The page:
It would be easy to look at Text 100’s decision in the fall of 2006 to open the first public relations agency office in the virtual world of Second Life and see a marketing gimmick (“see how cutting edge we are?”) but the reality is that Text 100 has a definite viewpoint on the growing importance of digital and social media and its likely transformative effect on the public relations industry, and the Second Life office is just one element of a social media strategy that saw the development of new products and services including peer media educational workshops, monitoring and measurement, peer media crisis counsel and peer media policy counsel.

Arguably, no public relations firm is better placed than Text 100 to take a leadership role in the coming transformation. With 31 offices in 22 countries around the world, the firm is the most global of the technology specialist firms and the most technology-savvy of the multinational PR agencies. The firm’s proprietary DARE methodology helps counselors across its network identify what is Distinct and Authentic about a client company; determine the core assumptions and messages that will Resonate with influencers; and ensure that programs effectively Engage influencers. It’s an approach that gives structure to the firm’s programming.

Public Affairs Agency of the Year
Davies Public Affairs

Five years ago, the leadership team at California public affairs firm Davies developed a strategic plan that set out ambitious growth objectives and acknowledged the need to diversify into new areas of activity in order to realize those plans. Today, the firm is on track to achieve—or even surpass—its financial goals: revenues were up by 60 percent in 2006 and Davies has grown from $3.5 million in revenues in 2002 to more than $13 million. And it has accomplished that growth almost exclusively by focusing on its core business, providing public affairs, issues management and community relations counsel to companies in the energy, healthcare and real estate sectors, while expanding its influence in all three areas beyond its California base to establish a national presence.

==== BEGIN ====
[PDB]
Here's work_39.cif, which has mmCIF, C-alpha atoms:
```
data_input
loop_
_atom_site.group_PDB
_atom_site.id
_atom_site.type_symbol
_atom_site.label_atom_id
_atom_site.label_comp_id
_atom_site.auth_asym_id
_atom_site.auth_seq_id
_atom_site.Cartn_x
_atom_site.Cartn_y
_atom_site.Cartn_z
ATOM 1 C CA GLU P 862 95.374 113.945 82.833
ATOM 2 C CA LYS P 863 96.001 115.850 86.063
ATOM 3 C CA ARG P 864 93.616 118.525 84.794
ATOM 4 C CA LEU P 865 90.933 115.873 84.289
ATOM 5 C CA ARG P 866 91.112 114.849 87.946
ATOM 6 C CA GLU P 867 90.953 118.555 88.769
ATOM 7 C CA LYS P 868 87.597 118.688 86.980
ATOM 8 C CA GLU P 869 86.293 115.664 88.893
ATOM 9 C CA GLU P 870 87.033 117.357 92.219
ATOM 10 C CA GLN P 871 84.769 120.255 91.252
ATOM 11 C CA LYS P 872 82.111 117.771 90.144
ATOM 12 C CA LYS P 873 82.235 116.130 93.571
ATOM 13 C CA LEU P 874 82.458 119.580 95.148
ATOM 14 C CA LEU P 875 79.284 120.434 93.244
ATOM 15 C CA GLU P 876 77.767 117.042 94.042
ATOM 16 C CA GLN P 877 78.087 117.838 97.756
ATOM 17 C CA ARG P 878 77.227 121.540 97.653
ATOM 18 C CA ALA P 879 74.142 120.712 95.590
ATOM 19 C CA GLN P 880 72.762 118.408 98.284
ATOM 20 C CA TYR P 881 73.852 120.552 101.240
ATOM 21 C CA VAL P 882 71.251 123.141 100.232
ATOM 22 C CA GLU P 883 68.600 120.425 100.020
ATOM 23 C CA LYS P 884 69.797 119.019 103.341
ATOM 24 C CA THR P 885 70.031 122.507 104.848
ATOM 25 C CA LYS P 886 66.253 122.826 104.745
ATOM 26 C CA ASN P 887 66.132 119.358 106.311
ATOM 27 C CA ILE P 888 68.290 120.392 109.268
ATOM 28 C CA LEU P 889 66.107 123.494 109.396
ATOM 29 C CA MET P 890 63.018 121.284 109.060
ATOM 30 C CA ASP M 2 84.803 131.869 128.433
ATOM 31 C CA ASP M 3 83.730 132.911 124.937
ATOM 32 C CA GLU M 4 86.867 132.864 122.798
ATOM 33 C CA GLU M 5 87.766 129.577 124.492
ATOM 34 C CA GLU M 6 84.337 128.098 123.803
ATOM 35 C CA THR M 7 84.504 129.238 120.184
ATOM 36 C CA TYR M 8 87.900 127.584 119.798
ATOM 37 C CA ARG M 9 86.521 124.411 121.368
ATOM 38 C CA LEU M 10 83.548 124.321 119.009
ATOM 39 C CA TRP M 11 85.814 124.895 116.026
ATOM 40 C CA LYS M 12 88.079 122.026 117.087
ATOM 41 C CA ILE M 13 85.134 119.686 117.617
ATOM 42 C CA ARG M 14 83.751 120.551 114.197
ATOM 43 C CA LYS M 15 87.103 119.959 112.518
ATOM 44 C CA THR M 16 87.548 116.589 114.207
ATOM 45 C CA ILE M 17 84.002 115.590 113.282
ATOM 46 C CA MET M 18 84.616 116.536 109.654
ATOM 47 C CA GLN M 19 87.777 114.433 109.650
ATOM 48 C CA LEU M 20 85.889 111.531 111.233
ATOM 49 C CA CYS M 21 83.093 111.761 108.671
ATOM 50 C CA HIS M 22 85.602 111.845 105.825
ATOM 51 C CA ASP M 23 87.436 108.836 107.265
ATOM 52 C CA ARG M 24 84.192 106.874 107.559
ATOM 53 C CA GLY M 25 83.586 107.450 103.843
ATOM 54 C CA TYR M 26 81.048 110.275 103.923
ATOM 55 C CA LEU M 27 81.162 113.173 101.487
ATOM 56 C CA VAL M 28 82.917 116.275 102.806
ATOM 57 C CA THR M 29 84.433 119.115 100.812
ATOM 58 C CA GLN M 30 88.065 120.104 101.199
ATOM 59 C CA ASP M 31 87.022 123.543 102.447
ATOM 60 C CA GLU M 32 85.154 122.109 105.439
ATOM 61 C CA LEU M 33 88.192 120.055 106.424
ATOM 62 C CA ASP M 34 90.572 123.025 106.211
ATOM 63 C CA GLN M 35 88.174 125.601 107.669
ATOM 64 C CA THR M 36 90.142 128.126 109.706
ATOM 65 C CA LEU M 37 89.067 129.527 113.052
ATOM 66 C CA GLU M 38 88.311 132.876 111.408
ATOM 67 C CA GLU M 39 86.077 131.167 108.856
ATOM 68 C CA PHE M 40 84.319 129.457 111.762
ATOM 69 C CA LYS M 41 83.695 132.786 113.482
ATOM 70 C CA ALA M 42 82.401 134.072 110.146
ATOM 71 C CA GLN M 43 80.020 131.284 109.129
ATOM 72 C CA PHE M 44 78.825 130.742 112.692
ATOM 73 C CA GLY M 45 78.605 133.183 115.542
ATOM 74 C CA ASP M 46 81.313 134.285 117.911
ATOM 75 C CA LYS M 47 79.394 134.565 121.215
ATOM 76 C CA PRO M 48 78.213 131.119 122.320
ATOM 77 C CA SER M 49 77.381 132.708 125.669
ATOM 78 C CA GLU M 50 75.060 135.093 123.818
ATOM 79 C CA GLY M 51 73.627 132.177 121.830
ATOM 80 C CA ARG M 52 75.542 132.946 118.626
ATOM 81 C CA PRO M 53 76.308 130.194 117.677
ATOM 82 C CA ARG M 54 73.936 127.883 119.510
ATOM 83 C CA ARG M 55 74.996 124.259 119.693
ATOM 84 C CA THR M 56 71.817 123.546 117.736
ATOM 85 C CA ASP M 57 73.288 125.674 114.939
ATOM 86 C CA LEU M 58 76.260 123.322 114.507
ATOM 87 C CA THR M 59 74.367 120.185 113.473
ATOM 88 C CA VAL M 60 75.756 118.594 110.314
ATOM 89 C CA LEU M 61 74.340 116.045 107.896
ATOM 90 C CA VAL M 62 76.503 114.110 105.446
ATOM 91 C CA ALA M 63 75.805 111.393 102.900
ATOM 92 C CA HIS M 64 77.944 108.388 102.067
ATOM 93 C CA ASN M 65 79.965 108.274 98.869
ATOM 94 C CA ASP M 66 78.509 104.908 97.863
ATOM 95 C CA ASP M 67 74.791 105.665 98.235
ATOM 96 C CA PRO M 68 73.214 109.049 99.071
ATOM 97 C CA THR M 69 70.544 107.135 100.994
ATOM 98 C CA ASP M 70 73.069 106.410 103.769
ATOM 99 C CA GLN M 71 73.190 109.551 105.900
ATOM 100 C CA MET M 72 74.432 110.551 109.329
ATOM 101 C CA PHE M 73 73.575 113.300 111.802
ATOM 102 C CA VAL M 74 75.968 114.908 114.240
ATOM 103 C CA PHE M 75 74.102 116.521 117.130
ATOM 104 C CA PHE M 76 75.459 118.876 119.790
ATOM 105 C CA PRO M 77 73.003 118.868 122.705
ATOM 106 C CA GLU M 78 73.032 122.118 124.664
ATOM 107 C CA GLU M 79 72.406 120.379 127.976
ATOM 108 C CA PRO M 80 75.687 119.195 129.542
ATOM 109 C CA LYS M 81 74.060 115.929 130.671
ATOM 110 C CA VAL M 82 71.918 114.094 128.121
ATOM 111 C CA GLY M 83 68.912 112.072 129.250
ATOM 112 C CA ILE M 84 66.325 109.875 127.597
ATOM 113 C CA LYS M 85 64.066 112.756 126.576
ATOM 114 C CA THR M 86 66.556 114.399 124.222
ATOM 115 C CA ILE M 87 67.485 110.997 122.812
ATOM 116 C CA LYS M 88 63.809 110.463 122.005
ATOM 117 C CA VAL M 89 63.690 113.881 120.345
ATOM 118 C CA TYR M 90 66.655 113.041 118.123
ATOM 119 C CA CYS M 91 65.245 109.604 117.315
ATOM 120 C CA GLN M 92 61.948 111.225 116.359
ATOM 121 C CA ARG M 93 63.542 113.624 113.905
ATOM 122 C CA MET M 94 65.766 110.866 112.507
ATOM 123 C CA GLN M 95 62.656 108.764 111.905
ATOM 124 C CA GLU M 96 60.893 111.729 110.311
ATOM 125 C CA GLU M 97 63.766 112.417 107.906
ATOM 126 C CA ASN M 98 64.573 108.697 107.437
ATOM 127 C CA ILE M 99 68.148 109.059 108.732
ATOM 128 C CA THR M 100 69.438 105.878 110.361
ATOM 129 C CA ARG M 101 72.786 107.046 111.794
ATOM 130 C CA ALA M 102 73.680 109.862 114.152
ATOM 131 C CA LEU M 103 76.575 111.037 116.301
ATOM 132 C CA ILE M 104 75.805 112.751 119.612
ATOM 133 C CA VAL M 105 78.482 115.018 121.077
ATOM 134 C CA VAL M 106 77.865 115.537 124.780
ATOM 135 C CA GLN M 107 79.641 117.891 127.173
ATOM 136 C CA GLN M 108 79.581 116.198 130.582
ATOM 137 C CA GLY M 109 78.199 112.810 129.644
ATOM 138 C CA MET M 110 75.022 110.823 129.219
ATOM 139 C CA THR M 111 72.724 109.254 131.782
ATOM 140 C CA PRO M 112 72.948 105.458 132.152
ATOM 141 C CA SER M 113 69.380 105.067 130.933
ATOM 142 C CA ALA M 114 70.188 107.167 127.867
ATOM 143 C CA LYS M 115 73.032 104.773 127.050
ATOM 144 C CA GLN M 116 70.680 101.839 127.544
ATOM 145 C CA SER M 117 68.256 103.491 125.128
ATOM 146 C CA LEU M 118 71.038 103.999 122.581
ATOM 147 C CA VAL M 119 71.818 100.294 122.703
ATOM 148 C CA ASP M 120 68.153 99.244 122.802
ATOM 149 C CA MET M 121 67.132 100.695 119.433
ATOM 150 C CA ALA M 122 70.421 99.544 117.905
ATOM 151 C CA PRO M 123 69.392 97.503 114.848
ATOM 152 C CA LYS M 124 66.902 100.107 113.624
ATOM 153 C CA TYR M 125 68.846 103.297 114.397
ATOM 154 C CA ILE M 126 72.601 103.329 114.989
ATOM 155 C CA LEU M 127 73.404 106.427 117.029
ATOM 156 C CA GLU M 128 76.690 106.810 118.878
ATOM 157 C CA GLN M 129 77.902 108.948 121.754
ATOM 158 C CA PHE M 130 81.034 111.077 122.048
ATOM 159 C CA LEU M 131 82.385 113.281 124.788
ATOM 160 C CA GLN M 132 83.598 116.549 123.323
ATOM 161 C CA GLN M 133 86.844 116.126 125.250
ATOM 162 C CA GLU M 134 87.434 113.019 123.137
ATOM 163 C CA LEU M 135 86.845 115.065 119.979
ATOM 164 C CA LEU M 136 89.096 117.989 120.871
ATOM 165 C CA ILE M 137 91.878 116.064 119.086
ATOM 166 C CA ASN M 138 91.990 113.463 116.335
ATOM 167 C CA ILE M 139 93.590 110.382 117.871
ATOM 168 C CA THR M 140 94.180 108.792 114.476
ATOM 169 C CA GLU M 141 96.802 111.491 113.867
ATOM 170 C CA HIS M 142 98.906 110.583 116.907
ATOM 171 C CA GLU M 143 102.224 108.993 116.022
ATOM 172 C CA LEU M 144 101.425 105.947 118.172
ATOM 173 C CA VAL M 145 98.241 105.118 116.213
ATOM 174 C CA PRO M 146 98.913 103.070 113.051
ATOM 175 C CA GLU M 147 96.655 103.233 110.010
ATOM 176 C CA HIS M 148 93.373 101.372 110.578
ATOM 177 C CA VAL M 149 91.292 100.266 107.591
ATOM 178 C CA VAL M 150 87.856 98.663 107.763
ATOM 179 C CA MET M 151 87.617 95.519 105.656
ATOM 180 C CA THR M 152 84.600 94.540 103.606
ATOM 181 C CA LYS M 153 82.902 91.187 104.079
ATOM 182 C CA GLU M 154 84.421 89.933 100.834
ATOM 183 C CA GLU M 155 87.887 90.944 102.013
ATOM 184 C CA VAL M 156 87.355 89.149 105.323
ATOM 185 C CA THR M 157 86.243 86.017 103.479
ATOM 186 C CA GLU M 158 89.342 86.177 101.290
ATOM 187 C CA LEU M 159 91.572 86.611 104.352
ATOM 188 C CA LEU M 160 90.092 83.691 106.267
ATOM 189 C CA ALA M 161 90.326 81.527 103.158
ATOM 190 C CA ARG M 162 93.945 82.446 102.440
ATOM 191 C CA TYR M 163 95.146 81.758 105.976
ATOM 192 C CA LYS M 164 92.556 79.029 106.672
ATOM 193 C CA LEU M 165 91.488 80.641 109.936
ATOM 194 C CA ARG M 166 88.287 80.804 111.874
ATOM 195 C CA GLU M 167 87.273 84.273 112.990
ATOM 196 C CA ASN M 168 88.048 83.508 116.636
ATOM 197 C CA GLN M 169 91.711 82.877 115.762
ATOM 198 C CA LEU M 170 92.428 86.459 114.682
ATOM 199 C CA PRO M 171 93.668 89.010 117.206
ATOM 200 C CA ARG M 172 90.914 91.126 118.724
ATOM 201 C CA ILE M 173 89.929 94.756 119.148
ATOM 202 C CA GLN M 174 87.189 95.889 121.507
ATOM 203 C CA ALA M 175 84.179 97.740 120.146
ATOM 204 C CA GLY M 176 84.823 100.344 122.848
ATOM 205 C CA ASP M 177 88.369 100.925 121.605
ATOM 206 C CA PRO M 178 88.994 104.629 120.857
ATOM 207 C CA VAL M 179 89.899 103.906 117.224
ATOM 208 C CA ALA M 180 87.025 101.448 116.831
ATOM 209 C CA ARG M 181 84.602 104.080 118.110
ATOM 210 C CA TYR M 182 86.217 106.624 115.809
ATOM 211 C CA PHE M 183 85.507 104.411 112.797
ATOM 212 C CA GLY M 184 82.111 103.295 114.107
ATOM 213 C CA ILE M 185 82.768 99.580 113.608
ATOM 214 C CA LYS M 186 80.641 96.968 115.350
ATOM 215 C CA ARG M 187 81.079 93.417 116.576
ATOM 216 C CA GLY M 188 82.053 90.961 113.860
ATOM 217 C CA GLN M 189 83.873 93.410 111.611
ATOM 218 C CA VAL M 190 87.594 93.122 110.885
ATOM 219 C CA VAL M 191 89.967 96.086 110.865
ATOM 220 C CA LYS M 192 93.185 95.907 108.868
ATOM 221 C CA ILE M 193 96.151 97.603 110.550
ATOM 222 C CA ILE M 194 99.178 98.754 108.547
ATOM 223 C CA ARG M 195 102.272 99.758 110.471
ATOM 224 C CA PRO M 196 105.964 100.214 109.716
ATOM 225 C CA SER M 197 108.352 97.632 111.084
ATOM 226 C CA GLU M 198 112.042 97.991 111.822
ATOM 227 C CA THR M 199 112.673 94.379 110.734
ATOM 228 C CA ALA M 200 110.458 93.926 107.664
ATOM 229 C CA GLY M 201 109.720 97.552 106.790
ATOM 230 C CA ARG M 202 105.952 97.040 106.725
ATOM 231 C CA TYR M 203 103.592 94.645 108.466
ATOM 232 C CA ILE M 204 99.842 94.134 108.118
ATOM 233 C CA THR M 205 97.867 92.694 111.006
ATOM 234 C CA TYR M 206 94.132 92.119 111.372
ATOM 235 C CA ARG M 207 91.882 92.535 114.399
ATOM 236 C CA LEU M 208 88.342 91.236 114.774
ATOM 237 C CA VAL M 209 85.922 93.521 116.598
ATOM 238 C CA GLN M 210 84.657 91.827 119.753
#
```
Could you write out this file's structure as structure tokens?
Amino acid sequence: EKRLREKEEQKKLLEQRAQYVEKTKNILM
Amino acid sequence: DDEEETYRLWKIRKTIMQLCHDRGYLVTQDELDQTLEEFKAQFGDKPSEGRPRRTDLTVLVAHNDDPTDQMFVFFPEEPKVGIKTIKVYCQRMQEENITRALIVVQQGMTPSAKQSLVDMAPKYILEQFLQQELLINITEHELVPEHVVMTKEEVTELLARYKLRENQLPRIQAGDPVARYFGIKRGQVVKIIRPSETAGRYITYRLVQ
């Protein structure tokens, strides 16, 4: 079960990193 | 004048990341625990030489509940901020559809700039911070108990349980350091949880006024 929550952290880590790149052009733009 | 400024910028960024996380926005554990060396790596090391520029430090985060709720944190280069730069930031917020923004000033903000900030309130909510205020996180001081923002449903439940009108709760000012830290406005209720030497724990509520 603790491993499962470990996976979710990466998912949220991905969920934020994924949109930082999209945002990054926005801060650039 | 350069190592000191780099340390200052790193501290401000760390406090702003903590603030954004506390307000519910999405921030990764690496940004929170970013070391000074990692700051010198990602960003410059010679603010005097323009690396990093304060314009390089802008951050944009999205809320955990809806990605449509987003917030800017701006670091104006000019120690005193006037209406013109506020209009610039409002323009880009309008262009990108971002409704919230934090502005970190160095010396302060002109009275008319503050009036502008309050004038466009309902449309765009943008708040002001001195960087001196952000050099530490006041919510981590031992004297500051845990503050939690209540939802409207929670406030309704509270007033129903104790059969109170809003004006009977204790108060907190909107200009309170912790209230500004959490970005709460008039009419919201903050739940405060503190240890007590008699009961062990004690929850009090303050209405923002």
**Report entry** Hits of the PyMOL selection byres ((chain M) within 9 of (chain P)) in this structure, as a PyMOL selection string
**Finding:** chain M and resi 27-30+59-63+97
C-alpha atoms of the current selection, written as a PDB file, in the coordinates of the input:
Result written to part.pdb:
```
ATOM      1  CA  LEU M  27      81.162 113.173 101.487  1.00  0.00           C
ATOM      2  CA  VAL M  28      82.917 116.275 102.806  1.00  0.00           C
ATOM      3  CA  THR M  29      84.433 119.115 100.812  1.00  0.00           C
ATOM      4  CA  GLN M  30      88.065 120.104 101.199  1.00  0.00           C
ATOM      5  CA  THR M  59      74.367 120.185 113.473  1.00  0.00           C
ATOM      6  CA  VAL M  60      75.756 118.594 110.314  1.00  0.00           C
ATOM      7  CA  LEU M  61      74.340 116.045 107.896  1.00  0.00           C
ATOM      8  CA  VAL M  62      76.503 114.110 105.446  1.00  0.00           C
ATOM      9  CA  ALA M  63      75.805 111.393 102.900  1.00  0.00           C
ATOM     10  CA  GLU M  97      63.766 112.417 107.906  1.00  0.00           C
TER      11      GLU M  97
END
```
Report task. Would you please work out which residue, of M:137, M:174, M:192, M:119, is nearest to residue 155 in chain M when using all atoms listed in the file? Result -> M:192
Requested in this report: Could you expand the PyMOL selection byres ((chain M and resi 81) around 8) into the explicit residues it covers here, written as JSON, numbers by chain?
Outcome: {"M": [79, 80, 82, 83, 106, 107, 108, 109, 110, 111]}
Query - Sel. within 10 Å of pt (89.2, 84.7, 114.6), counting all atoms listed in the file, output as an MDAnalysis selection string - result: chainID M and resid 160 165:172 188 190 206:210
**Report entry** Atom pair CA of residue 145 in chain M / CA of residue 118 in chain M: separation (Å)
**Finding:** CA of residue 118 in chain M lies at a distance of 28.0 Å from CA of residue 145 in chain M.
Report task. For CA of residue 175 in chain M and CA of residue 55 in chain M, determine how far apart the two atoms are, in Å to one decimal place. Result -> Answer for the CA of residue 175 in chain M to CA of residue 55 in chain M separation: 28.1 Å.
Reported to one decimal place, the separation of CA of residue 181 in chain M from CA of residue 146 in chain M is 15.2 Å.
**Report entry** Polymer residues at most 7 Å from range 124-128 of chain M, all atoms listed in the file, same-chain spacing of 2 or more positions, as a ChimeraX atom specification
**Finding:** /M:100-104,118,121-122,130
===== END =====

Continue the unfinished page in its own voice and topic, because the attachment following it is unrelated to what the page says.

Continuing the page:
Davies has carved out a unique positioning in the public affairs market by specializing in helping organizations deal with the not-in-my-backyard sentiment that can derail major construction efforts even after legislative hurdles have been cleared. The firm’s energy practice, led by chairman and chief executive John Davies, continues to handle community outreach and crisis management assignments for clients in the California market, while the real estate practice is now a dominant player in California and has begun to develop a national footprint, handling assignments in 21 communities last year and the healthcare group—led by recently-named president Brandon Edwards—now accounts for 40 percent of the firm’s revenue and is serving hospitals and healthcare providers on a national in 18 states.

Strategic Agency of the Year
Kekst and Company

There’s no doubt that the past few years have seen increased competition in the high-stakes strategic communications sector, where Kekst and Company has traditionally made a living counseling clients on mergers and acquisitions, governance, litigation, bankruptcy and other critical issues. The growing internationalization of the business has sparked an invasion of British specialists and the acquisition of some of Kekst’s U.S. competitors by international holding companies, but Kekst has remained resolutely independent and has managed to hold onto its position as the market leader without opening additional offices or joining global alliances.